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Ethics: Charging professionalism

Ethics: Charging professionalism

By Gino Dal Pont

Ethics Practice & Procedure 

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Lawyers whose charging reflects over-servicing may not escape a disciplinary consequence.

Snapshot
  • Lawyer charging has long proven a vexed issue in society, and a frequent area for client complaint. 
  • While complaints often target smaller firms whose clients are not wealthy, a commitment to professionalism more broadly supports a level of charging restraint.
  • Lawyers whose charging reflects over-servicing may nowadays not escape a disciplinary consequence.

Charging by lawyers has long been an issue of concern for society. In the modern era of consumerism, it consistently represents a principal area of client complaint, even if statistics show that most such complaints lack sufficient foundation. At the same time, there is considerable disciplinary case law on lawyer over-charging,1 and the regulation of lawyers, at general law and under statute, has hardly overlooked the topic. The judiciary assumed a discrete jurisdiction to set aside costs agreements, otherwise without parallel in the law. The latter has since translated to statute, which has also formalised the process of taxation (assessment) of costs, again unique to charging by lawyers.

Unsurprisingly, broadly speaking the members of the legal profession who earn the most money from legal practice are those whose clients have the most money. These lawyers figure infrequently in the taxation (assessment) environment, are rarely the victims of having costs agreements set aside and exhibit little presence in the disciplinary arena vis-à-vis overcharging. Indeed, statistics reveal that client complaints chiefly target sole practitioners or small practices, and those who practise family law, personal injury law and succession;2 a common denominator in each instance being clients who are ordinarily not as financially endowed as those who retain larger practices.

The latter, which often have a significant commercial practice focus, are therefore more likely to represent what may be termed “sophisticated clients”, where the inequality that has historically characterised the lawyer-client relationship is diluted somewhat. The charging of costs in this environment involves more direct engagement in the market and its inherent balancing of demand and supply than any constraint by general law or statutory costs regulation informed, inter alia, by concern over agency costs.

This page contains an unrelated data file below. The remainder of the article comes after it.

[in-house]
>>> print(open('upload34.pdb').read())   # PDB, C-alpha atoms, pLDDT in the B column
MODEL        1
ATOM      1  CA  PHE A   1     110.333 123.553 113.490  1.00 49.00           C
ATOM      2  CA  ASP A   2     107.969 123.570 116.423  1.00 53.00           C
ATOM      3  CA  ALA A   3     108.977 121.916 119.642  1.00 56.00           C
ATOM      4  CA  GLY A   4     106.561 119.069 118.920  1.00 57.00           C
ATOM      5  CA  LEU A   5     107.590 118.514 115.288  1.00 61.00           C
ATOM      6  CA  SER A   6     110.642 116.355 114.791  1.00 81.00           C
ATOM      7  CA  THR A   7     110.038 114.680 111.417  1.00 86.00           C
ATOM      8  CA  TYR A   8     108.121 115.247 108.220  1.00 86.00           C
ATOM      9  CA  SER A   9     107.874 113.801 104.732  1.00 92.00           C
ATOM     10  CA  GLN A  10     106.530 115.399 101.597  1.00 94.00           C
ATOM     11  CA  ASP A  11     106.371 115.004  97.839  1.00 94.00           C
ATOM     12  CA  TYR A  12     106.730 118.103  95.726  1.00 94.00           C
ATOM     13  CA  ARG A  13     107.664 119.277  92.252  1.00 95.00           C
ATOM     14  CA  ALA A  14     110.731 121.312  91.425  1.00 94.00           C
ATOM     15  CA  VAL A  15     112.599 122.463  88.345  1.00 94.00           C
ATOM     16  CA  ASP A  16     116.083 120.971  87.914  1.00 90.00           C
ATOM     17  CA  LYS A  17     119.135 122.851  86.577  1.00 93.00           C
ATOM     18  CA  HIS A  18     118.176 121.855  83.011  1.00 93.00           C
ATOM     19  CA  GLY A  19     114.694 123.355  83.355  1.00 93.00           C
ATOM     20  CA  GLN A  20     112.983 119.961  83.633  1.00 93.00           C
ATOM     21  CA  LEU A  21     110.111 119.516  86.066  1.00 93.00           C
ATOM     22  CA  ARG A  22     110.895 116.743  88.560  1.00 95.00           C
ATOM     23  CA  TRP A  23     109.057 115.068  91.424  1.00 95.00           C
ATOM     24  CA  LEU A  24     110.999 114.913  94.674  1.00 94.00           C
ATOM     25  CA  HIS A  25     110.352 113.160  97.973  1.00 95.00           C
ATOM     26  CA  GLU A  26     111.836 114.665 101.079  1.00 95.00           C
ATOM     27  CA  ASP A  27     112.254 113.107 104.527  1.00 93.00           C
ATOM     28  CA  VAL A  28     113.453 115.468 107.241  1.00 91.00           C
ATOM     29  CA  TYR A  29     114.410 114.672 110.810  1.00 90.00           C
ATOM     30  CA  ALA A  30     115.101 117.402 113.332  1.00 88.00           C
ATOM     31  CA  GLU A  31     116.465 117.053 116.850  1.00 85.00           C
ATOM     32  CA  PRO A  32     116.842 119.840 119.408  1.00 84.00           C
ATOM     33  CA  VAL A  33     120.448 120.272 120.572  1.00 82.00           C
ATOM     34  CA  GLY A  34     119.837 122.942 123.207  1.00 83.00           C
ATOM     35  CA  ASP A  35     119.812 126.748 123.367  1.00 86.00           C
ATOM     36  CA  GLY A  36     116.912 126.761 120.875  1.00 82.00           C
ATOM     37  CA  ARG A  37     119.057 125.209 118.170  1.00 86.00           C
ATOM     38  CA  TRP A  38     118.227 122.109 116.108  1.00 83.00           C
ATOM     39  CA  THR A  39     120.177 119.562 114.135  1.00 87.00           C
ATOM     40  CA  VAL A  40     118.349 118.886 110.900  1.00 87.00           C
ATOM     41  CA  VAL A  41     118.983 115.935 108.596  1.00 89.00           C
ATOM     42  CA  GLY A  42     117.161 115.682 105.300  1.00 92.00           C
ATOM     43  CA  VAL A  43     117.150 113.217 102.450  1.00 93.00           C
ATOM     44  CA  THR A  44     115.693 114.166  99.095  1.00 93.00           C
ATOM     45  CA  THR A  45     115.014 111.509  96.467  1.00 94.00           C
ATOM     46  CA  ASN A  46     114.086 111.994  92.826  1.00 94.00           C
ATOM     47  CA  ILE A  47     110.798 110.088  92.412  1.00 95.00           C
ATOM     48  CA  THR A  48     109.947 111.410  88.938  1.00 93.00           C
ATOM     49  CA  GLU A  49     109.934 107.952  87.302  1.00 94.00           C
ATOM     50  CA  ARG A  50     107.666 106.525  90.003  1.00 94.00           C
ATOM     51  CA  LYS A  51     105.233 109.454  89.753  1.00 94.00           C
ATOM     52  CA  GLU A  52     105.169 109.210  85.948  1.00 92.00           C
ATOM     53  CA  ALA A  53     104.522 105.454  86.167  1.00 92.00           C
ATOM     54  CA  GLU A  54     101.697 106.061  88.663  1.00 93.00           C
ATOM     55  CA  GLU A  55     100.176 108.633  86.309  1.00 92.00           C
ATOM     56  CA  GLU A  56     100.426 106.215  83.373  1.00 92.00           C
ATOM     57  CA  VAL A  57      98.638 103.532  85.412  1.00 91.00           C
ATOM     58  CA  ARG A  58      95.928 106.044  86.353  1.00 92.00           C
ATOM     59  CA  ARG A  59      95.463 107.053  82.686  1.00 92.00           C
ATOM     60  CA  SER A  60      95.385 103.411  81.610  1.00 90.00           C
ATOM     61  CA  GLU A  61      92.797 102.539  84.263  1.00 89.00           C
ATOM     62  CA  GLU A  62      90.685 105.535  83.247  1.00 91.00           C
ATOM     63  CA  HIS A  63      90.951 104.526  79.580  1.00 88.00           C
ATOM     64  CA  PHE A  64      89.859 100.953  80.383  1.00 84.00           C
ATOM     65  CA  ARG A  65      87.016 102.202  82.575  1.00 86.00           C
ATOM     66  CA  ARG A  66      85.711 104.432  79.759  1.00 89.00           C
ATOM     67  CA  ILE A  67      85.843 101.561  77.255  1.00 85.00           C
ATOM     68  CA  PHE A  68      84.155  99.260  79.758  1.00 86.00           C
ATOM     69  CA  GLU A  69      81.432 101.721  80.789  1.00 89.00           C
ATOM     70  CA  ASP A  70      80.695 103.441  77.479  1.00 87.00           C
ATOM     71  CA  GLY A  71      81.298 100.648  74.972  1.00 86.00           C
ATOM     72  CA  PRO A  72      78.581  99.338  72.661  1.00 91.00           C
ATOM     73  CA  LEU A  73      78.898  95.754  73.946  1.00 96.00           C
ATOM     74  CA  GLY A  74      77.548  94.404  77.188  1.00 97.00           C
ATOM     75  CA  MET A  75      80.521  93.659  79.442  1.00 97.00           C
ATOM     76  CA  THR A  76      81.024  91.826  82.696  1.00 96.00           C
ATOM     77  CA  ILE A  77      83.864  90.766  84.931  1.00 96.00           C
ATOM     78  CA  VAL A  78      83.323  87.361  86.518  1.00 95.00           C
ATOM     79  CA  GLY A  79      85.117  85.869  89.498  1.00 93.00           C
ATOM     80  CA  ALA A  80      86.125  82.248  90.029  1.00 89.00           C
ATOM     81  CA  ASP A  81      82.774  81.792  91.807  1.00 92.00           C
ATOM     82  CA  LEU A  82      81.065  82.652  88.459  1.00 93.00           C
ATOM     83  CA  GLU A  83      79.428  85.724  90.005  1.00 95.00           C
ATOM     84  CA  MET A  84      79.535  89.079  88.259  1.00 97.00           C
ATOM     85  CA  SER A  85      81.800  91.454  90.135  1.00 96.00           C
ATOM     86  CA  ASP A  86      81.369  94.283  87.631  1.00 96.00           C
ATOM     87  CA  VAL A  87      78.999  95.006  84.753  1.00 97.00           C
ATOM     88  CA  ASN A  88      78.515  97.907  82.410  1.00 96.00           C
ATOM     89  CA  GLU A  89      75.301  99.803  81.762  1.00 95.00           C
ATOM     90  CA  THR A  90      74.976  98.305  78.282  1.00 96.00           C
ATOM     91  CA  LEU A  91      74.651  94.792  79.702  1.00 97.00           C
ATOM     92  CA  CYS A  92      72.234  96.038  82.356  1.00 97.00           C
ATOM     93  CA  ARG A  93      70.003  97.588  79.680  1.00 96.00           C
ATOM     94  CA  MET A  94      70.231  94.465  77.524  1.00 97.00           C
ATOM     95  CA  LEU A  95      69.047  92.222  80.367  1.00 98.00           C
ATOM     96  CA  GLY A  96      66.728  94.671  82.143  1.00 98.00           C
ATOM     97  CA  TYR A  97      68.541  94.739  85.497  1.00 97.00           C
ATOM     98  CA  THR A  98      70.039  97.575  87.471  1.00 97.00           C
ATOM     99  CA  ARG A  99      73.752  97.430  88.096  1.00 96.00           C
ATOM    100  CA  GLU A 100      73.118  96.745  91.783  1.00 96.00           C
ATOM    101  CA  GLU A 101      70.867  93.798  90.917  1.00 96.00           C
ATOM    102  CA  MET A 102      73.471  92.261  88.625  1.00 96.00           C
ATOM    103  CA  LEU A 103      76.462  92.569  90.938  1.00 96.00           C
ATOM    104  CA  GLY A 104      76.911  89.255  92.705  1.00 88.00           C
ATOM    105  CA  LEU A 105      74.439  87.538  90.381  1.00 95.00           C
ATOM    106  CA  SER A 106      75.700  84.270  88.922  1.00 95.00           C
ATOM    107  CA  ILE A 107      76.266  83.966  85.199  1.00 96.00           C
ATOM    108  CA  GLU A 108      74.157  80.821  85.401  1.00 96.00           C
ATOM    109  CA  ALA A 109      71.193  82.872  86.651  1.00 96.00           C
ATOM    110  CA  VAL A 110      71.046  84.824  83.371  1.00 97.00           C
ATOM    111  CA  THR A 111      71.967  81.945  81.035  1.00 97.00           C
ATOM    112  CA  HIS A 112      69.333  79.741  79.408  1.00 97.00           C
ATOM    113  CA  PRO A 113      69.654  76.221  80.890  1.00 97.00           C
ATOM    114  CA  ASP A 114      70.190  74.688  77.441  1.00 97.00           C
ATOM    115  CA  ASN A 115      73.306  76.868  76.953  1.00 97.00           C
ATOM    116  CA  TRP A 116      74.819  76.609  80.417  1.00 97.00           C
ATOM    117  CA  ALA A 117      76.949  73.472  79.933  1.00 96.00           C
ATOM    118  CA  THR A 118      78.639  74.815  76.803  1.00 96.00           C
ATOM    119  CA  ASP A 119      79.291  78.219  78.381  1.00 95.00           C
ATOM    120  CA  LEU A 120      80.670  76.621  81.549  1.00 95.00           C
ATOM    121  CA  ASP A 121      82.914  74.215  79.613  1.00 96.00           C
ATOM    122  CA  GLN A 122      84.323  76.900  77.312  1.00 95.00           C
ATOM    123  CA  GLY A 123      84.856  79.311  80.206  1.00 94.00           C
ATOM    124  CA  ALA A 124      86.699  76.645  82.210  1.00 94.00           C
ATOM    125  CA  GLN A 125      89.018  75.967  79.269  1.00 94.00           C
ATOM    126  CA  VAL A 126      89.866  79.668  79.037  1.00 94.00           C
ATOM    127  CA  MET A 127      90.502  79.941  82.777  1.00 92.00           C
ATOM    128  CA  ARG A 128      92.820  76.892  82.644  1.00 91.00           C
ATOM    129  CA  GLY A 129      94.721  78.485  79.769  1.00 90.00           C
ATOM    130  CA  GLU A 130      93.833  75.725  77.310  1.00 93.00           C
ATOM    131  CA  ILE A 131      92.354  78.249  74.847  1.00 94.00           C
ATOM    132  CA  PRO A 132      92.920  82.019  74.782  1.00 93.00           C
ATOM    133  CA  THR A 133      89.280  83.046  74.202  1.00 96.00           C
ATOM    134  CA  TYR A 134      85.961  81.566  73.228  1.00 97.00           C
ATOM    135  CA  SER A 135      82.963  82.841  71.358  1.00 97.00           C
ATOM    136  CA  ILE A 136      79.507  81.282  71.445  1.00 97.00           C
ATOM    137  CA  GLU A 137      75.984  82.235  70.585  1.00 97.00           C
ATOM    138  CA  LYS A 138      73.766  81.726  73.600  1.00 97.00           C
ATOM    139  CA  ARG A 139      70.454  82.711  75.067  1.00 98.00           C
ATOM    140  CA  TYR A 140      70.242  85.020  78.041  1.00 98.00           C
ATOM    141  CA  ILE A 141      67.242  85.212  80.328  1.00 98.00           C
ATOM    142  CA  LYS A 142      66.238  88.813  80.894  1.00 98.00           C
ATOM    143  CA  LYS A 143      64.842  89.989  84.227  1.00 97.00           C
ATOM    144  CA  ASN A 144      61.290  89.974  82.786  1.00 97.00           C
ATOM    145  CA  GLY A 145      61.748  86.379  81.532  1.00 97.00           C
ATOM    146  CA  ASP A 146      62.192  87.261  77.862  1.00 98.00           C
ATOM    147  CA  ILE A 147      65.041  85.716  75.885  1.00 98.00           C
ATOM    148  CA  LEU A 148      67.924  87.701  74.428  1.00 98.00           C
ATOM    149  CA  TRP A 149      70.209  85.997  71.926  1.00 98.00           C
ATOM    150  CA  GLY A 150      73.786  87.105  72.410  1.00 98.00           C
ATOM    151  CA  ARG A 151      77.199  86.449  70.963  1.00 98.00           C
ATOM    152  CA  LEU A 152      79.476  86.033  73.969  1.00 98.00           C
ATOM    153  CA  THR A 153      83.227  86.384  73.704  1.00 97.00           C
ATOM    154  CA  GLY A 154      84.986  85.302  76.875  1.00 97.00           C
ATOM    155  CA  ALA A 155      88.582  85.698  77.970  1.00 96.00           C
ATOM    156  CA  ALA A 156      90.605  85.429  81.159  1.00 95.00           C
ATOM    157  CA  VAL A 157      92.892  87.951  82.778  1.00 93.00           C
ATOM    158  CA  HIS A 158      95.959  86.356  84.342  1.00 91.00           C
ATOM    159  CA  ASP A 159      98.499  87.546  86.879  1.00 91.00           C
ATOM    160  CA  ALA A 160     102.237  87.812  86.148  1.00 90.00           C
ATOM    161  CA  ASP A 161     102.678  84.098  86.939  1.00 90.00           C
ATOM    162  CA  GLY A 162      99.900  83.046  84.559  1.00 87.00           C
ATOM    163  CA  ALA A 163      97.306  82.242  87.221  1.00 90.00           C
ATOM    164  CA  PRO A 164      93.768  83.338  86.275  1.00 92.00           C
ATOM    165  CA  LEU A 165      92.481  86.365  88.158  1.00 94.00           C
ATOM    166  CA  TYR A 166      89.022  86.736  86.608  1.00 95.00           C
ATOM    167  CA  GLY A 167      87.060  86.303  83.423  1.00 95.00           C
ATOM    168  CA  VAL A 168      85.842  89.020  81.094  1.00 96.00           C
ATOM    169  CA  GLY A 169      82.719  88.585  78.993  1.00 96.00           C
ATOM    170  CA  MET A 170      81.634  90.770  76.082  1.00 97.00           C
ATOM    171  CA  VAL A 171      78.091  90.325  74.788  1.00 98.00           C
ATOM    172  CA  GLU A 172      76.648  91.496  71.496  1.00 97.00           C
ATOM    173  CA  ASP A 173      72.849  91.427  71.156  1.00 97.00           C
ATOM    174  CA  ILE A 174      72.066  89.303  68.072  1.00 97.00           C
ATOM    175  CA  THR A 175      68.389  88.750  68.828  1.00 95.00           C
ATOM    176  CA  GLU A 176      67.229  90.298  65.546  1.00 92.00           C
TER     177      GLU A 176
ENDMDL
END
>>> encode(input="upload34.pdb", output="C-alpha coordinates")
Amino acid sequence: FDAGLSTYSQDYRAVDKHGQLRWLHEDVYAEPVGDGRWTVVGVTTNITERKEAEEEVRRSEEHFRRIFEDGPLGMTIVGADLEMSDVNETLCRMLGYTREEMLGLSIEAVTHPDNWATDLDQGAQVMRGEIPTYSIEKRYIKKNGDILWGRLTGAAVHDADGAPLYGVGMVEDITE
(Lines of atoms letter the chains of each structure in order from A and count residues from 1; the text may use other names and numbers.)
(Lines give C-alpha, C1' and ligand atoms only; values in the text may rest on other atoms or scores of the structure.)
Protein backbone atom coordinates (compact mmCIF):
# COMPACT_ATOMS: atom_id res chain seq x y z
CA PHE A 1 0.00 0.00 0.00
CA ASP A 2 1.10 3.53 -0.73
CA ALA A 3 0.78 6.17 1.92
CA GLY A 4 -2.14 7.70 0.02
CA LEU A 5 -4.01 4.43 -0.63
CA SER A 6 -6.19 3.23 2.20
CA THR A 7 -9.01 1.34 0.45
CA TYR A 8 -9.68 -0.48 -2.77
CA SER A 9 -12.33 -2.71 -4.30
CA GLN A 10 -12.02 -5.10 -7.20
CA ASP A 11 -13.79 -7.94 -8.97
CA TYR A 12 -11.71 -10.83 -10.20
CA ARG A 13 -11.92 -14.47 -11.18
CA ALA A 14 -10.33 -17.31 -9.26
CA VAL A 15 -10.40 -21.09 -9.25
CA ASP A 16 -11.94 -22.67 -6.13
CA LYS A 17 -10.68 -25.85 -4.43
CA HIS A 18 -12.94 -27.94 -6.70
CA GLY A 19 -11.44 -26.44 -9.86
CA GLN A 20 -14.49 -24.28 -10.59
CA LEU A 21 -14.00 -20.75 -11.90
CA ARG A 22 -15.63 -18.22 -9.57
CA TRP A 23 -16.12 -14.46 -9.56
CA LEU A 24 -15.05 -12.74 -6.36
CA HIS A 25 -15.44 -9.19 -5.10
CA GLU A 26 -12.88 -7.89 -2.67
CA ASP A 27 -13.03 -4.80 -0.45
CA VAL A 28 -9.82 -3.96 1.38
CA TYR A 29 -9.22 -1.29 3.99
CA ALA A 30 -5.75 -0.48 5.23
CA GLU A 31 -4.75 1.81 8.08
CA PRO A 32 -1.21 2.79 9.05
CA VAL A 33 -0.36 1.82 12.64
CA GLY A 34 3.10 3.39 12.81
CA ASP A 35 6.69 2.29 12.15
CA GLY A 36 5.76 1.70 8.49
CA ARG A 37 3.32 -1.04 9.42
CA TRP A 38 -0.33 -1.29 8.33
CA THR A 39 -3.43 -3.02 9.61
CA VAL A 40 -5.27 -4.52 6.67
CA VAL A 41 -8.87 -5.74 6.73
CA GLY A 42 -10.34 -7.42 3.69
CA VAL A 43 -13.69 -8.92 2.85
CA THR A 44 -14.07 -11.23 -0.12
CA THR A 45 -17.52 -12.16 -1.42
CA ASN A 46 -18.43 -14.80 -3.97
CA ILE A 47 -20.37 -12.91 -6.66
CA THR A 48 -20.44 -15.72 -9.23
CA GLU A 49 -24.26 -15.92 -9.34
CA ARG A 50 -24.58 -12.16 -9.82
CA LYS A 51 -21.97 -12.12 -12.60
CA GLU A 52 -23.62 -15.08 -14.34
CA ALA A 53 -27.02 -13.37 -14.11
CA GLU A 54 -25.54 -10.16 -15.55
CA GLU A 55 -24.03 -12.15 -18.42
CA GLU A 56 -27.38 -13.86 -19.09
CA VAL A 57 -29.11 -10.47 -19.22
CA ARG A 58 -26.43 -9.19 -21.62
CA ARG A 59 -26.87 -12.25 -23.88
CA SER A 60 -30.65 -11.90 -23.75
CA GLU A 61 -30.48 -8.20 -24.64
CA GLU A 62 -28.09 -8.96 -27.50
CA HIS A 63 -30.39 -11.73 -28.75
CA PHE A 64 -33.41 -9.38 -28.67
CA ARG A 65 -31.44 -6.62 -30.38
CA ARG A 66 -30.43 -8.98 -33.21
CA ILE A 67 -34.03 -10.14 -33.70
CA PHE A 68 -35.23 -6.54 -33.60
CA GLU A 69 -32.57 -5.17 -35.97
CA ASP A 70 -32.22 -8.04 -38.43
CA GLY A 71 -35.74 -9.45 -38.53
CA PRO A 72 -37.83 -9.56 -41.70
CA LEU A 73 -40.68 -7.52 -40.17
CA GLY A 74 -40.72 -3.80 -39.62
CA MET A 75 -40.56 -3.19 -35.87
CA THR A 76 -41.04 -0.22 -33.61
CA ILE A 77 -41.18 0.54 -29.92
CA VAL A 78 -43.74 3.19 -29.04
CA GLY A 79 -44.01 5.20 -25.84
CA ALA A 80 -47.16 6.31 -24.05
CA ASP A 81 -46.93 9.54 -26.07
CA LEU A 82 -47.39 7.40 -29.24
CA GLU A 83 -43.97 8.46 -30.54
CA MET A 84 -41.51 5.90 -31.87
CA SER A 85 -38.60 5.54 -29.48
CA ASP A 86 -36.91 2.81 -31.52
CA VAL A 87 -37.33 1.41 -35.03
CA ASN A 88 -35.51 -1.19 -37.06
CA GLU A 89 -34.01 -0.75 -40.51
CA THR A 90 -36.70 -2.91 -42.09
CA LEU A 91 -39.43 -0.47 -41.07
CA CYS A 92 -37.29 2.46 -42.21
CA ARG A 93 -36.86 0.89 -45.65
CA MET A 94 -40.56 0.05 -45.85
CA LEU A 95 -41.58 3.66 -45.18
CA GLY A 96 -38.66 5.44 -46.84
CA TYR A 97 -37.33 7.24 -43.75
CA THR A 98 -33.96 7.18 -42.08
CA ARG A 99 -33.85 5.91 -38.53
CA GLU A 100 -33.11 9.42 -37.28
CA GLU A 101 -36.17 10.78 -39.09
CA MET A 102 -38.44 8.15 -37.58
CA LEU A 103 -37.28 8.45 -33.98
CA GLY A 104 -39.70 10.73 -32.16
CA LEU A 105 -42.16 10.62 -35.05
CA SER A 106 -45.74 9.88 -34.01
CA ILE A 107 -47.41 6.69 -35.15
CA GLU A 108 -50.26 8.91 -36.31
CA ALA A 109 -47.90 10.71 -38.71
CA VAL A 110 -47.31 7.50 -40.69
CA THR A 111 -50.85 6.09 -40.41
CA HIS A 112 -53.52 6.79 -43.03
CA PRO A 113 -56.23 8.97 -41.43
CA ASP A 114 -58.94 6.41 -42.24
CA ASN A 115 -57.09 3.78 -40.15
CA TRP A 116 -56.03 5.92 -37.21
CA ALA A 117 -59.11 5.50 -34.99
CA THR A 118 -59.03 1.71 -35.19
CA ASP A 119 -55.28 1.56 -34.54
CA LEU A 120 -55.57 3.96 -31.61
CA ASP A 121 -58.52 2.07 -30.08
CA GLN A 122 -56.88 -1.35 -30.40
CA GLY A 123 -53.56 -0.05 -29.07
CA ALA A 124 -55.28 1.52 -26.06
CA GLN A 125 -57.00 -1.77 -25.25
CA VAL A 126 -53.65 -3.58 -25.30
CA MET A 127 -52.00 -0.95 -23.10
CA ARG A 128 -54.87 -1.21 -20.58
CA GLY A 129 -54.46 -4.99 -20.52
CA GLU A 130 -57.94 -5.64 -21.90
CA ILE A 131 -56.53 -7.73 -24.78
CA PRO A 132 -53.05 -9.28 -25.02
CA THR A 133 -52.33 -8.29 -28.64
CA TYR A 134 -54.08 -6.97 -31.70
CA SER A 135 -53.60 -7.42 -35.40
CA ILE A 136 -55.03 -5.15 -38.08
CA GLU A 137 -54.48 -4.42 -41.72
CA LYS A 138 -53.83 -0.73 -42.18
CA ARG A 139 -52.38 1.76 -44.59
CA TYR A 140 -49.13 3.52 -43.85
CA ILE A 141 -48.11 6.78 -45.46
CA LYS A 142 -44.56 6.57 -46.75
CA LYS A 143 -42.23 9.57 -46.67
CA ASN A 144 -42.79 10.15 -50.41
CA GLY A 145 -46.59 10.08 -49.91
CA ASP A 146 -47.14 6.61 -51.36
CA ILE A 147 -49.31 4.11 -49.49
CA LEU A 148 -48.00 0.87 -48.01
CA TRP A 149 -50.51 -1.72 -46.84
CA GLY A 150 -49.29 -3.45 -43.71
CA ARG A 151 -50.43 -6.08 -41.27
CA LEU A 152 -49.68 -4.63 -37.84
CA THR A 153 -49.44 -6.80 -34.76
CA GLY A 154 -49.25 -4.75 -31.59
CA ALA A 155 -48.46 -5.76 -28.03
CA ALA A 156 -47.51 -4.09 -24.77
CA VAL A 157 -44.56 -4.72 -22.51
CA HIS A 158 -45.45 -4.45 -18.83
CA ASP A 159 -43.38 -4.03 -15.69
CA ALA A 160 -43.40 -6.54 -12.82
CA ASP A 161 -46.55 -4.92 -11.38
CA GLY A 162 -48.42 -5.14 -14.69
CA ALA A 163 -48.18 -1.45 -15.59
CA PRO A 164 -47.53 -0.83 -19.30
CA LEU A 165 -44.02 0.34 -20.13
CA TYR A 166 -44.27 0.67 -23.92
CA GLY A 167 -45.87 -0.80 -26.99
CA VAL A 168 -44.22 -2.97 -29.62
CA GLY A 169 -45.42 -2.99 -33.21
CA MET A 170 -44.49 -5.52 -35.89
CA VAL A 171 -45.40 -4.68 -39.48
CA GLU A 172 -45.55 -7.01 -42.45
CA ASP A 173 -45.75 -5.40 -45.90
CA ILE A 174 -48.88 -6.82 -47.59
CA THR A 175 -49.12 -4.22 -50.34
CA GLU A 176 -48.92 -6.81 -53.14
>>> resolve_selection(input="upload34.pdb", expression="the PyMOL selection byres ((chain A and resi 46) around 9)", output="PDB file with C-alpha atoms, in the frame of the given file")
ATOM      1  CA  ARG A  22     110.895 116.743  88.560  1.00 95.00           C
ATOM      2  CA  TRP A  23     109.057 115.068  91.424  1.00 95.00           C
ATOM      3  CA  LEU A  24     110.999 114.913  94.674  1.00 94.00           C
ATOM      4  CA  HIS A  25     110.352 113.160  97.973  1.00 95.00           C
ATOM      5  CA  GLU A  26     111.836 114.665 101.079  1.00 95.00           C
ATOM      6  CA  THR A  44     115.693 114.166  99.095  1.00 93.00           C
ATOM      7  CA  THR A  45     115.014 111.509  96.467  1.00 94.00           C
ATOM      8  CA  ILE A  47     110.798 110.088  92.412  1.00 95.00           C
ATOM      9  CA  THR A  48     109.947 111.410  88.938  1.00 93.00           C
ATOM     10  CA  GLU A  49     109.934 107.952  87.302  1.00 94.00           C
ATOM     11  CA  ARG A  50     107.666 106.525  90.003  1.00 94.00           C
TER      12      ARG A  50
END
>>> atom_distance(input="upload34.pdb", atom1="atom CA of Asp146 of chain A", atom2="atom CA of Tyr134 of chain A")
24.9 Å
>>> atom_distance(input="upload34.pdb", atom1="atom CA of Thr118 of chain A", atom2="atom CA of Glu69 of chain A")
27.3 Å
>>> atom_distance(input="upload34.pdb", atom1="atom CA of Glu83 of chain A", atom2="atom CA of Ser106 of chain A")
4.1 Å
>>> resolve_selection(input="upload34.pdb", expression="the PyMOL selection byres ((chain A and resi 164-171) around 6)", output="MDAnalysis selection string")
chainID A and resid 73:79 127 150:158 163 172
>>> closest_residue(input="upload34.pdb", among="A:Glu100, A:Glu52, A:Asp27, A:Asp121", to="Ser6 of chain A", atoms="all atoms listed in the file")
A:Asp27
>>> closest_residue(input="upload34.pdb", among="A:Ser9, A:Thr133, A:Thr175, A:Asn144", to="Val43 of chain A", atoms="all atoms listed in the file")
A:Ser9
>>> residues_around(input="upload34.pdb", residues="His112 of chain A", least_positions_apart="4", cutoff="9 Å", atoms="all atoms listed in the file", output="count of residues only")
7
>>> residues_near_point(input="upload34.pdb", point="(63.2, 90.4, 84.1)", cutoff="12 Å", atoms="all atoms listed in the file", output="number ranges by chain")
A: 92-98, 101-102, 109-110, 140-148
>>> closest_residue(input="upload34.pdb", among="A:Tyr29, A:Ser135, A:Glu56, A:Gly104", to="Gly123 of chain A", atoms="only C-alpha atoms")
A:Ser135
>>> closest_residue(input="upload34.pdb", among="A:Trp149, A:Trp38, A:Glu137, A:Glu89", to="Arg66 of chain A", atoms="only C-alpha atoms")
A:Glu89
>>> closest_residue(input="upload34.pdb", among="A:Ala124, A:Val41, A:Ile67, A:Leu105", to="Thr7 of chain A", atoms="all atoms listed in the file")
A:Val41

Be that as it may, and granted that an entirely uniform legal profession appears a creature of the past, most lawyers still accept that professionalism must count for something. In my experience, even the most mercenary lawyers infrequently disclaim the professional mores of public service. Perhaps this is a realisation that the profession hardly exists in a vacuum to further its own financial position but by reason of the value (not confined in monetary terms) of its service to society, in all its iterations.

If professionalism is to count for anything, charging is not an inapt place to focus. The prevailing fiduciary character of the lawyer-client relationship itself calls for restraint in a financial sense; indeed, that lawyers practise in what is arguably the only recognised profession to be the subject of the full gamut of fiduciary responsibility itself supports the public service notion. While fiduciary law may not have featured prominently in the lawyer-client charging environment  chiefly because of the other legal avenues available to address costs issues mentioned earlier, it may not be without significance that on an occasion where it did, a large commercial law firm was the defendant.3

Indeed, a concern underscoring methods of lawyer charging is the prospect that lawyers have significant unilateral discretion when it comes to the services provided within a retainer, and therefore (usually) the costs charged for those services. With this, there is the attendant concern that lawyers could be over-remunerated for their services. The “blank cheque”4 notion underscoring some people’s perceptions of time charging, and Anglo-Australian law’s disdain for percentage fee charging,5 are in part informed by this very concern. That civil procedure reforms directed to the “just, efficient, timely and cost-effective resolution of the real issues in dispute”6 have lawyers as a primary target is similarly a recognition of the need for financial restraint.

In this environment, it is accordingly unsurprising to find a heightened sensitivity, in the disciplinary realm, to lawyers who perform ostensibly unnecessary work for what appears primarily an effort to increase their earnings.7 Concerns surrounding lawyer charging and associated access to justice dictate that this sensitivity is unlikely to abate with the passage of time. ■


Gino Dal Pont is Professor, Faculty of Law, University of Tasmania.

  1. See GE Dal Pont, “Contextualising Lawyer Overcharging” (2016) 42 Mon ULR 283.
  2. T Sklar, Y Taouk, D Studdert, M Spittal, R Paterson and M Bismark, “Characteristics of Lawyers who are Subject to Complaints and Misconduct Findings”, (2019) 16(2) J Emp Stud 318.
  3. Re Morris Fletcher & Cross’ Bill of Costs [1997] 2 Qd R 228.
  4. Re Ladner Downs and Crowley [1987] 41 DLR (4th) 403 at 428 per Southin J.
  5. But in Victoria now see Justice Legislation Miscellaneous Amendments Bill 2019 (Vic), with its proposed introduction of percentage fees in the class action environment, via a new s33ZDA in the Supreme Court Act 1986 (Vic).
  6. Civil Procedure Act 2010 (Vic) s7(1).
  7. See, for example, Hawkins v Council of the New South Wales Bar Association [2019] NSWCATOD 148.

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